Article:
The most hijacked must do so within from two years to the end of 2020, while some groups will have until 2023.

"I truly believe that change can bring new life and joy," Zubik said Saturday during a press conference at St. Paul Seminary in Crafton. I realize that such a transformation is seldom easy, especially in the heart matters of faith and community life. I know that this change will force us ̵

1; the faithful, the clergy and myself – to let go of some things that are valuable and familiar. I am also convinced that our ministers and believers have what it takes to form deep and lasting relationships within their groupings and create welcoming communities. "

The proposed changes aim to strengthen the vibrancy, effectiveness and financial strength of each community by grouping clusters of existing communities – many of which are struggling to make ends meet – into a single community is assigned to each group to guide the planning.

Guidelines used in the development of the models: Parishes would contain between 7,000 and 60,000 members, some with multiple churches, for no less than 1,000 people in the Sunday Mass, preferably between 2,000 and 4,000, and do not exceed a priest for every 2,400 persons, except for special needs, such as language skills.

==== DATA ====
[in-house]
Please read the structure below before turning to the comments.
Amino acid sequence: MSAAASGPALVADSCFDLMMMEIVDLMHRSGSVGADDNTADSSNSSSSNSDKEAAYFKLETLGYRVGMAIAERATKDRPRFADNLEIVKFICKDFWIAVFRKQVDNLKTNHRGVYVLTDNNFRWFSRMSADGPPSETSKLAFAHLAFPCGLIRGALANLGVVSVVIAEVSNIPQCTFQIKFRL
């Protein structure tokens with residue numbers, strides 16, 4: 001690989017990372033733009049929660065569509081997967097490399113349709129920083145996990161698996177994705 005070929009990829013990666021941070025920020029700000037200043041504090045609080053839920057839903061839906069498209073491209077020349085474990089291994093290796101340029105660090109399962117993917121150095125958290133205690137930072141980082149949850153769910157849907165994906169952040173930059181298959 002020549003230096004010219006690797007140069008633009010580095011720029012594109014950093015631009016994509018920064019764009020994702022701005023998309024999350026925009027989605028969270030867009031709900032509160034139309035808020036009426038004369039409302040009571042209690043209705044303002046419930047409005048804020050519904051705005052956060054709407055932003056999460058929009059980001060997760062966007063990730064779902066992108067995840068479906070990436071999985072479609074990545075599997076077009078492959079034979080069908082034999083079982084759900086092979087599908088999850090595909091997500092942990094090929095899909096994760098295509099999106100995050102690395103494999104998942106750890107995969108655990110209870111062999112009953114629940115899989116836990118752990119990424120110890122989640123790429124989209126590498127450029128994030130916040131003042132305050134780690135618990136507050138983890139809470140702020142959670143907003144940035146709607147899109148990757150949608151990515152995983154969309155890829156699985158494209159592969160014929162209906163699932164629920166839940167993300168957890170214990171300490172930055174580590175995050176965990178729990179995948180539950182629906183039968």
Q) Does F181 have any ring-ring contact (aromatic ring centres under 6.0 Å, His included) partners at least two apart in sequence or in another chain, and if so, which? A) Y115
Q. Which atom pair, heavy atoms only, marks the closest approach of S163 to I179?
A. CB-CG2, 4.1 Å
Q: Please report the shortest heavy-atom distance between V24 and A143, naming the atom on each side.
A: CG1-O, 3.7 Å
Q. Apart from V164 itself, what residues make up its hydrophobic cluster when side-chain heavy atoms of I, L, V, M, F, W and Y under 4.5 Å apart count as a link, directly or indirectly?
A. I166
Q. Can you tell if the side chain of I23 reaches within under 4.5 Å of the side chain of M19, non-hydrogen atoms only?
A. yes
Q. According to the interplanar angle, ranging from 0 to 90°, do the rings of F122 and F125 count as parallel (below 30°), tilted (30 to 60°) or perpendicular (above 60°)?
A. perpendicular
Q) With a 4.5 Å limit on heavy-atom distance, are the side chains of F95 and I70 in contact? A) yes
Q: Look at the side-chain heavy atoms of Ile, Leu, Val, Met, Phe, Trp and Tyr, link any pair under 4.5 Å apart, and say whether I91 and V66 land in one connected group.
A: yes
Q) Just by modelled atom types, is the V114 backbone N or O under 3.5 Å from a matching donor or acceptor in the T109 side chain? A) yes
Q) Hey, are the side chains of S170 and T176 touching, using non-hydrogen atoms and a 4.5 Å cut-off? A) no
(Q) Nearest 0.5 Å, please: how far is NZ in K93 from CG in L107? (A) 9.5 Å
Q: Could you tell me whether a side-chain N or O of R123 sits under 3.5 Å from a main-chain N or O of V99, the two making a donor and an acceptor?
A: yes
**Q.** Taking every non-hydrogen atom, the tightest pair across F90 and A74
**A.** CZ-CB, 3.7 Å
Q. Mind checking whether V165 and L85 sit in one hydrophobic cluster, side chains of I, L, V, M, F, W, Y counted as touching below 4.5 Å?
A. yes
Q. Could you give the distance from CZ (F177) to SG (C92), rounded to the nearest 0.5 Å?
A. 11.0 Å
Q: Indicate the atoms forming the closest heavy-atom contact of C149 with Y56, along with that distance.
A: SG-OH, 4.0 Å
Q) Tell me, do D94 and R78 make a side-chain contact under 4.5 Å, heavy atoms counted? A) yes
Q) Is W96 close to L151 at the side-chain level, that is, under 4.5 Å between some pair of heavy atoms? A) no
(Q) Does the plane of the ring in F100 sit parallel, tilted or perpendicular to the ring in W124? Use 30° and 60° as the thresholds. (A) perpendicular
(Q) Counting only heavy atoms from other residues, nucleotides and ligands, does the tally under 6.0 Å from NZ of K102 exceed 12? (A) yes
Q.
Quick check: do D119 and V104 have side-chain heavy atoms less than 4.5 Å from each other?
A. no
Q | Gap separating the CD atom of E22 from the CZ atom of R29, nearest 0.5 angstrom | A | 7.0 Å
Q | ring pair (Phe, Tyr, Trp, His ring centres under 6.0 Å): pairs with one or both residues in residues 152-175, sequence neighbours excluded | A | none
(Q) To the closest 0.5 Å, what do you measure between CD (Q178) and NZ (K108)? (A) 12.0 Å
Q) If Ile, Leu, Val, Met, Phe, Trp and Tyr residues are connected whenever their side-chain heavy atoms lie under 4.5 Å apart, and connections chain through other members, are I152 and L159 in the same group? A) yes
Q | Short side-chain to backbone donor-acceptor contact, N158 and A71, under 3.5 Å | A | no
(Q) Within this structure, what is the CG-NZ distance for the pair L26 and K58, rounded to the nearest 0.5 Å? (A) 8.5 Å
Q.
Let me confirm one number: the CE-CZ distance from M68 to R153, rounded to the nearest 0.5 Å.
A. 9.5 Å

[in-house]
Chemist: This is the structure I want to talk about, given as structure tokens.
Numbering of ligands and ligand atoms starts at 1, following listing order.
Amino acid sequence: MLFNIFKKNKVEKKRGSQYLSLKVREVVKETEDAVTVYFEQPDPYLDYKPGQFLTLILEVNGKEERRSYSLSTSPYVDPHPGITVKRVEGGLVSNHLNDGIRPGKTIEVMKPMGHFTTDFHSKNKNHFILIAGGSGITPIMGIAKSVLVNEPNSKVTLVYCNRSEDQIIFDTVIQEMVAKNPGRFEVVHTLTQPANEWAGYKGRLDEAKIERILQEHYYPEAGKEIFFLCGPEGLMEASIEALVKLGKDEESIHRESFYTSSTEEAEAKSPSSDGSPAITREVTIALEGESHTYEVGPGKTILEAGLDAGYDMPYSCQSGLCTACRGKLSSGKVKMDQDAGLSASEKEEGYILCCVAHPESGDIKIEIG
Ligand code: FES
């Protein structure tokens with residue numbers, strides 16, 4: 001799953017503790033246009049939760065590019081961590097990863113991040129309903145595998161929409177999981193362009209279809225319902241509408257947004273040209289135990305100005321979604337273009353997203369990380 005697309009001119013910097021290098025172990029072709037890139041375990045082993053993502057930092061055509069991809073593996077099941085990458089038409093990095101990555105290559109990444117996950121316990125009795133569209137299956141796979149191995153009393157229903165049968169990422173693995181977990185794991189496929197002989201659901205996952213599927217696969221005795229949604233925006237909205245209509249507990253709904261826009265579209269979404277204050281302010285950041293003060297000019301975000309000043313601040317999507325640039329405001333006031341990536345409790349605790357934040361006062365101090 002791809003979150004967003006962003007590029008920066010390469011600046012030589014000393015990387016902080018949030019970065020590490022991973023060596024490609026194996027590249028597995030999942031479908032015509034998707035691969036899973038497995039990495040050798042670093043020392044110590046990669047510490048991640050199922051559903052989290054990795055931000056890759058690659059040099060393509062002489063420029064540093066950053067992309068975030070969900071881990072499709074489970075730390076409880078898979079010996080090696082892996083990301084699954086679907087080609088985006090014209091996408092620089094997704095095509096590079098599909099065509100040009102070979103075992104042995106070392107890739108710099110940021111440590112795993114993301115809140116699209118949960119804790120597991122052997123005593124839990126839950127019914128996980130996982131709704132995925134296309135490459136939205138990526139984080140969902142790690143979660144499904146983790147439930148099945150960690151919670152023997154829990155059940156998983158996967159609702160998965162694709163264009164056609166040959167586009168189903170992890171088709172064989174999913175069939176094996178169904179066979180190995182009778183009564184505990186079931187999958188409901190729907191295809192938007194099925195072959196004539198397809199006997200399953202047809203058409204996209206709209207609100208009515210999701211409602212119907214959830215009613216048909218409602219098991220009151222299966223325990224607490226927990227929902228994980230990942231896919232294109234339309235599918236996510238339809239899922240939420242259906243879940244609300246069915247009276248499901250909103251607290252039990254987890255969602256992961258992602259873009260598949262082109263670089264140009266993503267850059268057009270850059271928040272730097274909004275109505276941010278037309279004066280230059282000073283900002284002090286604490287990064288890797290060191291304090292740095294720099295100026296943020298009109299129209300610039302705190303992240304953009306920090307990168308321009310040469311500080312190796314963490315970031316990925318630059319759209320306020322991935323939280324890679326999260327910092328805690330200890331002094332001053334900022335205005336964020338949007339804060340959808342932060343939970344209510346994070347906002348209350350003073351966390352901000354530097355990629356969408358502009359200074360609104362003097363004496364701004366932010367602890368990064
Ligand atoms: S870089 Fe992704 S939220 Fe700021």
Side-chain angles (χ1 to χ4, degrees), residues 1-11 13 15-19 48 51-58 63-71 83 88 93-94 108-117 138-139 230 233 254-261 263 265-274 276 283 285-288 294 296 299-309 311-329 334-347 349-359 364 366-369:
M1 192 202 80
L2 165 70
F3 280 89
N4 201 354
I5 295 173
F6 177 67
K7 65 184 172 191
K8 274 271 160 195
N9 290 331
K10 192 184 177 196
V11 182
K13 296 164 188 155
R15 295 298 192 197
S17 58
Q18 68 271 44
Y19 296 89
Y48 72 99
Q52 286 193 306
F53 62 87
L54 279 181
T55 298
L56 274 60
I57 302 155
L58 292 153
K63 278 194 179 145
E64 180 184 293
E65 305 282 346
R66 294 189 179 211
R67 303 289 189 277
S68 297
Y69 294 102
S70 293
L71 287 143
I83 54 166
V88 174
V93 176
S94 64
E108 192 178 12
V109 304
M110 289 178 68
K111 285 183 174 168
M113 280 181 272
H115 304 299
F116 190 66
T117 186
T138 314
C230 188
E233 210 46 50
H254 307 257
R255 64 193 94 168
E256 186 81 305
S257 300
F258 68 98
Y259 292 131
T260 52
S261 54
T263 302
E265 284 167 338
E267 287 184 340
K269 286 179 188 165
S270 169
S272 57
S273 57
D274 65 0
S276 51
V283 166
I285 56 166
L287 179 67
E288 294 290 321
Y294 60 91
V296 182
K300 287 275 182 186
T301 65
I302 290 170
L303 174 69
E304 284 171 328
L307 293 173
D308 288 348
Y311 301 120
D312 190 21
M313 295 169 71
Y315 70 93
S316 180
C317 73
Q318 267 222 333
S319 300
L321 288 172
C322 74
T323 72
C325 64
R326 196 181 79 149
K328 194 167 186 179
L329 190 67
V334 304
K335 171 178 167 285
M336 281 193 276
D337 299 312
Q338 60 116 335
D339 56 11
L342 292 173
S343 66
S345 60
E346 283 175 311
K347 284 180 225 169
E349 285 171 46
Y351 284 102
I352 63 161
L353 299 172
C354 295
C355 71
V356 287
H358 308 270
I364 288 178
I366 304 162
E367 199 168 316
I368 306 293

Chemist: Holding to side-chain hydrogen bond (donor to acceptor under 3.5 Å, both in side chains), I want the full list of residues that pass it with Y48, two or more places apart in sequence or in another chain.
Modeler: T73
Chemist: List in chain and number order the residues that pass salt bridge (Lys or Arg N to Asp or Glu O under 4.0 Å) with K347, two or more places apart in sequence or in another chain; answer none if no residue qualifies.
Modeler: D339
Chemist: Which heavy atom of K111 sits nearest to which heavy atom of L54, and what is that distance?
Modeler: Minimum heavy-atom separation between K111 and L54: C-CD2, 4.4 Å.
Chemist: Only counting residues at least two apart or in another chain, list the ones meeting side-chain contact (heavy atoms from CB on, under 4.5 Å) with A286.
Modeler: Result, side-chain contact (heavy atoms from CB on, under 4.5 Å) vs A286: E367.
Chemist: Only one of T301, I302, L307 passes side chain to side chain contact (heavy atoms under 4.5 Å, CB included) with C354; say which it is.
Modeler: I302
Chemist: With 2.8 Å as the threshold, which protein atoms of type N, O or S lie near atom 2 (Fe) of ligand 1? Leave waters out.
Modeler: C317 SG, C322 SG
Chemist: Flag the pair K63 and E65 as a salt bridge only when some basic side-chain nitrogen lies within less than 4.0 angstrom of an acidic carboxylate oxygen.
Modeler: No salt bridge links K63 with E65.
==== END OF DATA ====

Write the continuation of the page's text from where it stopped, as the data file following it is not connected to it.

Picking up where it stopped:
The diocese took geography very seriously and avoided grouping parishes under either extreme financial burden or high wealth

Since the year 2000, the number of church services has increased by more than Decreased 40 percent and participation in sacramental events has fallen by 50 percent, says the diocese. The diocese serves approximately 630,000 Catholics in the counties of Allegheny, Beaver, Butler, Greene, Lawrence and Washington.

The diocese estimates that its approximately 200 priests will shrink to 112 by 2025.

The priests learned of their new duties on Thursday afternoon. They read the letters that the bishop gave them to parishioners during the evening Mass on Saturday, and planned to visit them again on Sunday.

New mass plans will be announced in August and come into force with the clerical reassignments on October 15.

The five-year planning initiative "On the Mission for the Church alive!" Has included contributions from more than 30,000 parishioners at 329 parish consultations.

"I know that even in the last few weeks some of these things were still being prayed and considered," Adams said. "I want to make sure everyone knows what the game plan is, so there are no surprises, and I hope that the community stays in tact and does not lose hope, because there is much hope in this parish."

The Reverend Aaron Kress said he and Rev. John Lendvai would stay in Harrison at Our Lady of the Blessed Sacrament, but as the process continues, there will also be some changes in mass schedules.

Kress called for "all the people of God throughout the diocese to do everything they can" to move forward.

Natasha Lindstrom is an author of the Tribune Review. Reach them at 412-380-8514, nlindstrom@tribweb.com or via Twitter @NewsNatasha . Employee Chuck Biedka contributed to this report.